Etymology
Advertisement
Monte Carlo 

resort town, capital of Monaco, Italian, literally "Charles's Mountain," founded 1866 and named for Charles III of Monaco (1818-1889). The car rally there dates to 1911. The Monte Carlo fallacy (by 1957) was named for the town's famous gambling casinos; it is the fallacy of thinking that the probability of a particular outcome rises with the successive number of opposite outcomes. Contrary to the Monte Carlo fallacy, if the roulette wheel stops on black 99 times in a row, the chances that the 100th spin will be red are still just under 50-50. 

Related entries & more 
Advertisement
monte (n.)

1824, the name of a favorite Spanish and Spanish-American card game played with a deck of 40 cards, from Spanish monte "mountain," from Latin montem (nominative mons) "mountain" (from PIE root *men- (2) "to project"). So called from the heap of cards left after dealing. Picked up by the Americans in Texas and in the Mexican War, it was a favorite in California during the gold rush years. The three-card confidence-game form (first attested 1877) is of Mexican origin.

Related entries & more 
fallacy (n.)
late 15c., "deception, false statement," from Latin fallacia "deception, deceit, trick, artifice," abstract noun from fallax (genitive fallacis) "deceptive," from fallere "deceive" (see fail (v.)). Specific sense in logic, "false syllogism, invalid argumentation," dates from 1550s. An earlier form was fallace (c. 1300), from Old French fallace.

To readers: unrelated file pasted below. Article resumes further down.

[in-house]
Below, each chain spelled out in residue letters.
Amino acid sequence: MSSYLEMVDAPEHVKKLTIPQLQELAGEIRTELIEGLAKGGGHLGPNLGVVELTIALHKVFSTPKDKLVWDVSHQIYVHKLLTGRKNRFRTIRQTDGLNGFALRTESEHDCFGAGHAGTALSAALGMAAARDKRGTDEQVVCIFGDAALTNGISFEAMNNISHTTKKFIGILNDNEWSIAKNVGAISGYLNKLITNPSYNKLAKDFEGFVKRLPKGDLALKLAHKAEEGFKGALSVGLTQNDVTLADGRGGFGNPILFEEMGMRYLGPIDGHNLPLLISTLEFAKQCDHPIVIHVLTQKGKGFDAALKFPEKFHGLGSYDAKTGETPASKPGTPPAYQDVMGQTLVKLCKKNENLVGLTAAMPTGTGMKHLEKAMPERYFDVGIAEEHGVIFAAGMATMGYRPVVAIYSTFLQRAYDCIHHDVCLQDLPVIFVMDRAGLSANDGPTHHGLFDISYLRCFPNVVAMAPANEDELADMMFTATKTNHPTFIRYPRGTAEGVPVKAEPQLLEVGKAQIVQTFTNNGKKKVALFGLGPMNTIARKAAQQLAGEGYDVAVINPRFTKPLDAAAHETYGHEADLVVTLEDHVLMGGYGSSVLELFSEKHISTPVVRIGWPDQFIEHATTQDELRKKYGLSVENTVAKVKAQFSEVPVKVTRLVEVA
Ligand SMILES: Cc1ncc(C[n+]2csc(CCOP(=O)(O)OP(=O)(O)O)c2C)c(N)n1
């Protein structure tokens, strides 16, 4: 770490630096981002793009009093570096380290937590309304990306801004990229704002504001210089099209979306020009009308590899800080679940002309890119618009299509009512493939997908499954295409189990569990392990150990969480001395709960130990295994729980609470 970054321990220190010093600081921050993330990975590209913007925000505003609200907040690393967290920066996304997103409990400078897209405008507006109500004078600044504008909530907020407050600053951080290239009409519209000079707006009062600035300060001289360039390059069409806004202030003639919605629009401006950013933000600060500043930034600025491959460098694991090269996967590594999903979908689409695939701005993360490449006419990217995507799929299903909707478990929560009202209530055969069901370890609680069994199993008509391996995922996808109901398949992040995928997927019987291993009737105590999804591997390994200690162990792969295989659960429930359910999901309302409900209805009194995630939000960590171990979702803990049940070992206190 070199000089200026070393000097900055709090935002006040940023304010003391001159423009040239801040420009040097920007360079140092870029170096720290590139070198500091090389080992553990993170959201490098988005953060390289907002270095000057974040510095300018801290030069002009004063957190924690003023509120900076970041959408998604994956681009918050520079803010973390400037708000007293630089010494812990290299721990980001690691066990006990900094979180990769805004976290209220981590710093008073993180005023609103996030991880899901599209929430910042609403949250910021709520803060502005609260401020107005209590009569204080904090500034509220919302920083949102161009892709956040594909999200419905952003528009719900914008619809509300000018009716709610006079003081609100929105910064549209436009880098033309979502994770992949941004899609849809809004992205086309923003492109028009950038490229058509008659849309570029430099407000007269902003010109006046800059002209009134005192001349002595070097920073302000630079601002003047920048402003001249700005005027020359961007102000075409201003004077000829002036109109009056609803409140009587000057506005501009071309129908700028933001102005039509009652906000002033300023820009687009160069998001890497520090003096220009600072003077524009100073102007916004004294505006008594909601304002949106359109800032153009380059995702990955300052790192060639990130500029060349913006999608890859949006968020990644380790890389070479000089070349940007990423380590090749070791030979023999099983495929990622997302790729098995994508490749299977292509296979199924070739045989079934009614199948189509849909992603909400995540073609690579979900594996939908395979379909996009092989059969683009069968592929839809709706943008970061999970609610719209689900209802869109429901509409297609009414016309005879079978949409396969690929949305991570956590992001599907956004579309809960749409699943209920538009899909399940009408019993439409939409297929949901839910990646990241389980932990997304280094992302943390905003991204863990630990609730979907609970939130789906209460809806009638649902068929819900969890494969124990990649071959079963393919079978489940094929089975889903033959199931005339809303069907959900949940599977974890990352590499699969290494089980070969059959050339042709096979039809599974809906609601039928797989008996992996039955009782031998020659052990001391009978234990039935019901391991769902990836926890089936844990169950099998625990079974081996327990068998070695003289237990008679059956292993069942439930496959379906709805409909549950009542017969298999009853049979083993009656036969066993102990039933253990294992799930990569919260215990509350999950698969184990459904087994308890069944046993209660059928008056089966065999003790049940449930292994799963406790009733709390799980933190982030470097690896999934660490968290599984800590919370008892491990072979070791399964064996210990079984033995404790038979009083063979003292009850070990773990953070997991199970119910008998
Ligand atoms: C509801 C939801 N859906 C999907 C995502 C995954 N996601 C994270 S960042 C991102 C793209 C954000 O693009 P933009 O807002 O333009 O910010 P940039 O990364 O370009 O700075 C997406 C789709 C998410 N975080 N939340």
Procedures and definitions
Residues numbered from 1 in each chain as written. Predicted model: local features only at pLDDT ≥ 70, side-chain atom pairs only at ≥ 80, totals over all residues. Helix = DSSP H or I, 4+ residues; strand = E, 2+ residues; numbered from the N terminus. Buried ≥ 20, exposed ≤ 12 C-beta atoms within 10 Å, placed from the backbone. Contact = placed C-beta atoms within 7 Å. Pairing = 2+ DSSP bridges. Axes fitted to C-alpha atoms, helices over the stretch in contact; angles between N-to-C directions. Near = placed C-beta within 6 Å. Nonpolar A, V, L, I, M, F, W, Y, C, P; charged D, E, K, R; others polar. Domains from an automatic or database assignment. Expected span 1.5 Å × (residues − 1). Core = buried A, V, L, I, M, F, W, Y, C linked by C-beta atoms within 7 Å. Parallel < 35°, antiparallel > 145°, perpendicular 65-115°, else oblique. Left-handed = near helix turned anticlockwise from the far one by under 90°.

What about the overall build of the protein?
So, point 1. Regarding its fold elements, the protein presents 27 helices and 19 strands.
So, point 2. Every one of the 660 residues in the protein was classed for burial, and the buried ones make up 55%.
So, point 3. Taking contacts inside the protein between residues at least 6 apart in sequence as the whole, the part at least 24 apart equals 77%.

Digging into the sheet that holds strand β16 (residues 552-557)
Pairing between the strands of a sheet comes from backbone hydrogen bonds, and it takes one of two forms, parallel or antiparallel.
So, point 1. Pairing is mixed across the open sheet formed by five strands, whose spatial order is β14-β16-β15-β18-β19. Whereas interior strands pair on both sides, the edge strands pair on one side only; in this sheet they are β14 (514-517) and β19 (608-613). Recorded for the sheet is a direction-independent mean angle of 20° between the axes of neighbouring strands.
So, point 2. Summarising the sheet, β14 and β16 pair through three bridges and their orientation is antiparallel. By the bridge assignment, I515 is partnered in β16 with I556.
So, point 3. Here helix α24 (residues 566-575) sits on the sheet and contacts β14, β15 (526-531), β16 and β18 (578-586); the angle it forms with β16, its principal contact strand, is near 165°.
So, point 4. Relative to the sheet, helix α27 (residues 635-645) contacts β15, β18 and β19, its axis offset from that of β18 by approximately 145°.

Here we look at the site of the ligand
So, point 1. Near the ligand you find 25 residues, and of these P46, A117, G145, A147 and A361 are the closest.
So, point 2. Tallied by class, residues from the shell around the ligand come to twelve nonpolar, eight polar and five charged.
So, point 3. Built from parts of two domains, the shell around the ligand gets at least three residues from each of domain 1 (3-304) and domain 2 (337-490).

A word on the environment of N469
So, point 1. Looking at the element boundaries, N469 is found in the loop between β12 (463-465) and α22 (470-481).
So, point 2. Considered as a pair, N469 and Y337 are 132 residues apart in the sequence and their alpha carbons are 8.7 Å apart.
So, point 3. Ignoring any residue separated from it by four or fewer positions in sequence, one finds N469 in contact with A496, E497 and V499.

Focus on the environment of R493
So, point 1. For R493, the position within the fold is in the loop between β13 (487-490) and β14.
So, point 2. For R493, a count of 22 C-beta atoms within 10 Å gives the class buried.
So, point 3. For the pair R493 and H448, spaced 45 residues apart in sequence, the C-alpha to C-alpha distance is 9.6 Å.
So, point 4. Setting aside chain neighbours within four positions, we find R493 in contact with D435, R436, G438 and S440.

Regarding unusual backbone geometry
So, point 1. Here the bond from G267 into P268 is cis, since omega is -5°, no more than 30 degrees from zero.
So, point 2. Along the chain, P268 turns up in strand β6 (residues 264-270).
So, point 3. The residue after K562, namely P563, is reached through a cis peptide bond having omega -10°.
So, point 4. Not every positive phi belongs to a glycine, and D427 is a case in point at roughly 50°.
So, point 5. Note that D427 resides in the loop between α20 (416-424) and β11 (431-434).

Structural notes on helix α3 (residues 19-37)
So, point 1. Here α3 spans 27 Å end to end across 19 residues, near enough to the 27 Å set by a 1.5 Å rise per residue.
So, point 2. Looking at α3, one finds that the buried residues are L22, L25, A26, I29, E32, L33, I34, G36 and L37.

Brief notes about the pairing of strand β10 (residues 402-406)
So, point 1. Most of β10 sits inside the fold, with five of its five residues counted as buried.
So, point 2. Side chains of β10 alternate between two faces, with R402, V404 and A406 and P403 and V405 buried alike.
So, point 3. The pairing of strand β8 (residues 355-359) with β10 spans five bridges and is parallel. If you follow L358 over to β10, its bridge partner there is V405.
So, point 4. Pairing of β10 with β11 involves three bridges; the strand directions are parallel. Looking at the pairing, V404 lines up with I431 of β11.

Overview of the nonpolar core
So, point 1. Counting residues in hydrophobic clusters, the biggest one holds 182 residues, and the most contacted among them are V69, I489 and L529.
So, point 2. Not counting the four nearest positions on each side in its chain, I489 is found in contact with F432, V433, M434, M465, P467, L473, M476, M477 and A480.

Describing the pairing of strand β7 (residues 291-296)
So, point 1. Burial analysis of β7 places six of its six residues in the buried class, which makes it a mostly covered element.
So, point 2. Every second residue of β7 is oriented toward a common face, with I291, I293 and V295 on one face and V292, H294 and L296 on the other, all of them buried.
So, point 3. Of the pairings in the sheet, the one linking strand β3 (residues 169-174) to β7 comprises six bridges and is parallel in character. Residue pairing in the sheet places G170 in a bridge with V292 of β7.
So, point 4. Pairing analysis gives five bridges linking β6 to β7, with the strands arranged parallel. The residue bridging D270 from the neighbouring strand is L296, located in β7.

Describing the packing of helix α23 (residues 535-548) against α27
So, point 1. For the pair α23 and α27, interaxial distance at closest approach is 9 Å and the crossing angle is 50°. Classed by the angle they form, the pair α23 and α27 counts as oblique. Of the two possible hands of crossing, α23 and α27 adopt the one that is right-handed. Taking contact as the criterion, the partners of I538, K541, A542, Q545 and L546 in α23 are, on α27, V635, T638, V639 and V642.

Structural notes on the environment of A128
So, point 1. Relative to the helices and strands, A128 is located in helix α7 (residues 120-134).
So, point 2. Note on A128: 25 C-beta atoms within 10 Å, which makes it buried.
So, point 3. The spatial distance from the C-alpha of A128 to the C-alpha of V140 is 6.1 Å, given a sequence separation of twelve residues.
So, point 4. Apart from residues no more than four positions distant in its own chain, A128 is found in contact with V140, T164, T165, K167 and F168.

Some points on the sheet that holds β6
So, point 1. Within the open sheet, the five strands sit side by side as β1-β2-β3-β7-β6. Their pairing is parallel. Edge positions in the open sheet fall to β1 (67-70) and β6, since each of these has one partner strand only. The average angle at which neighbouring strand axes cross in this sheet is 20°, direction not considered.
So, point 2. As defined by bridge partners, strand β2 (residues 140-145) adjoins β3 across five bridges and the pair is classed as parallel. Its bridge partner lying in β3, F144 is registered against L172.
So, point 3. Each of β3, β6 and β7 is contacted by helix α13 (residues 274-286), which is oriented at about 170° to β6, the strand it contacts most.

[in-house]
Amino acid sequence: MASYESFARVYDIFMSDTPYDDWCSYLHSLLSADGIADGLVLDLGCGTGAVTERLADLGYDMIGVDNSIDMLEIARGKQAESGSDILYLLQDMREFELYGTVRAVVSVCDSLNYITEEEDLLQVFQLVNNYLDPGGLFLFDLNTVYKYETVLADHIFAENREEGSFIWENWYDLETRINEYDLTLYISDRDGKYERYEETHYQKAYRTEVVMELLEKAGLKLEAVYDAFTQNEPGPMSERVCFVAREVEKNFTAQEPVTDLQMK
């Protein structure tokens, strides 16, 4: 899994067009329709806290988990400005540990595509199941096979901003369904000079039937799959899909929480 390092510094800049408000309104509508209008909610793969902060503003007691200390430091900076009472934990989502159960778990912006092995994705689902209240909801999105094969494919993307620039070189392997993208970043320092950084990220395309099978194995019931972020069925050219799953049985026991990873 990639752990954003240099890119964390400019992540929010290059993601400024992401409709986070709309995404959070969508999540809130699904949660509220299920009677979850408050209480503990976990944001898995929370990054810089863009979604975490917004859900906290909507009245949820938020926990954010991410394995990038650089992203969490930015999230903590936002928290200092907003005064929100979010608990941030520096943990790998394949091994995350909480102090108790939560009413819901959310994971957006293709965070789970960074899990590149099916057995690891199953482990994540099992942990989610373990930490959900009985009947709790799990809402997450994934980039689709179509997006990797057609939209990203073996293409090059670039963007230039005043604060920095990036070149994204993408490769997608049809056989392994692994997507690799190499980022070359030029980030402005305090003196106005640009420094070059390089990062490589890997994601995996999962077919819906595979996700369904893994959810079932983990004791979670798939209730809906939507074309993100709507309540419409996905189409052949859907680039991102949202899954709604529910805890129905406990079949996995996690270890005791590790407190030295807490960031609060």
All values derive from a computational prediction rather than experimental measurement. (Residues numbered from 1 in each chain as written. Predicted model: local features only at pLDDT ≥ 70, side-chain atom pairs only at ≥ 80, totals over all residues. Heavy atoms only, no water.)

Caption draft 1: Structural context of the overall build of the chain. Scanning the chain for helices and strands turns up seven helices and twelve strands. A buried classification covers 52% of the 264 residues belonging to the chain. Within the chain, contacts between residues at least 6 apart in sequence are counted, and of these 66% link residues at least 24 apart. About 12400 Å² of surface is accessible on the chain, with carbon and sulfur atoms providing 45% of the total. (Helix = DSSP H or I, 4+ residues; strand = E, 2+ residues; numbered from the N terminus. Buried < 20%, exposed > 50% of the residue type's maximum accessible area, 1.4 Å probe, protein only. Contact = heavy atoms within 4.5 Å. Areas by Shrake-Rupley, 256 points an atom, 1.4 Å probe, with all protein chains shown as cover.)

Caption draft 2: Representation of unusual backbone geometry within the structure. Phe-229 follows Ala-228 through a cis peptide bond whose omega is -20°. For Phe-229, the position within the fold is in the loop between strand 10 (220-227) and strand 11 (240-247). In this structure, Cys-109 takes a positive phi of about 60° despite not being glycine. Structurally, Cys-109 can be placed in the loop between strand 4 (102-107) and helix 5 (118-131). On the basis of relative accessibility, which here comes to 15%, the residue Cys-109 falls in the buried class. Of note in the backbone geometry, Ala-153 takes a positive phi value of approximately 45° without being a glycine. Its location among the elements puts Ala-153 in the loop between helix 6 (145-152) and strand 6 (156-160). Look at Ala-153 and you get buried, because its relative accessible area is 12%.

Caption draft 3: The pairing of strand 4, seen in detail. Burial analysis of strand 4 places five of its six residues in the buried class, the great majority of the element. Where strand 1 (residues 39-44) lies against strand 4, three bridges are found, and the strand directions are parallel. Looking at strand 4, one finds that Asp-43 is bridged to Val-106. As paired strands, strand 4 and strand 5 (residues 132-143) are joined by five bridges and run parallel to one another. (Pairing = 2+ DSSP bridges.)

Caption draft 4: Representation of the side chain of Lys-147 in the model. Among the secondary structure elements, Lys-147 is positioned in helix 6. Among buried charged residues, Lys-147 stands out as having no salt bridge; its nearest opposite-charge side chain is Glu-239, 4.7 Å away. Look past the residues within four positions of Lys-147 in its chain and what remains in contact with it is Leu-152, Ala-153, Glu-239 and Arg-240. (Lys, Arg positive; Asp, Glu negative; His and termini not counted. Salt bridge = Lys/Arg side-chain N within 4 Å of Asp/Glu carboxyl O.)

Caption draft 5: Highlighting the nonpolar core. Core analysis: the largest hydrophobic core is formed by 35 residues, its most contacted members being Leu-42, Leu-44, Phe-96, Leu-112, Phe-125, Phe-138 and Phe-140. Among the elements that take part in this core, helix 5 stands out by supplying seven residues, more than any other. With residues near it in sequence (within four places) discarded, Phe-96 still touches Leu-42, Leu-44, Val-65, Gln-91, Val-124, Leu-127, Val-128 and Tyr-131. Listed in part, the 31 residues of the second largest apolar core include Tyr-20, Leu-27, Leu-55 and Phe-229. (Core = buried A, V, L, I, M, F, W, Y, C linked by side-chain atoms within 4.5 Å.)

Related entries & more 
Piedmont 

region in northern Italy, from Old Italian pie di monte "foot of the mountains," from pie "foot" (from Latin pes "foot," from PIE root *ped- "foot") + monte "mountain" (from PIE root *men- (2) "to project"). Related: Piedmontese.

Related entries & more 
fallacious (adj.)
c. 1500, from fallacy (Latin fallacia) + -ous. Related: Fallaciously; fallaciousness.
Related entries & more 
Advertisement
disabuse (v.)

"free from mistake, fallacy, or deception," 1610s, from dis- + abuse (v.). Related: Disabused; disabusing.

Related entries & more 
Carlos 
masc. proper name, Spanish form of the Germanic masculine proper name (Karl) that is represented in Italian by Carlo, in French by Charles.
Related entries & more 
post hoc 
Latin, "after this." Especially in post hoc, ergo propter hoc, logical fallacy, literally "after this, therefore because of this."
Related entries & more 
Montenegro 
Adriatic coastal nation, from Venetian Italian (Tuscan monte nero), literally "black mountain," a loan-translation of the local Slavonic name, Crnagora. Related: Montenegrine.
Related entries & more 
intentional (adj.)

"done with intention, design, or purpose; intended," 1520s, from intention + -al (1) or else from Medieval Latin intentionalis. Intentional fallacy recorded from 1946. Related: Intentionality.

Related entries & more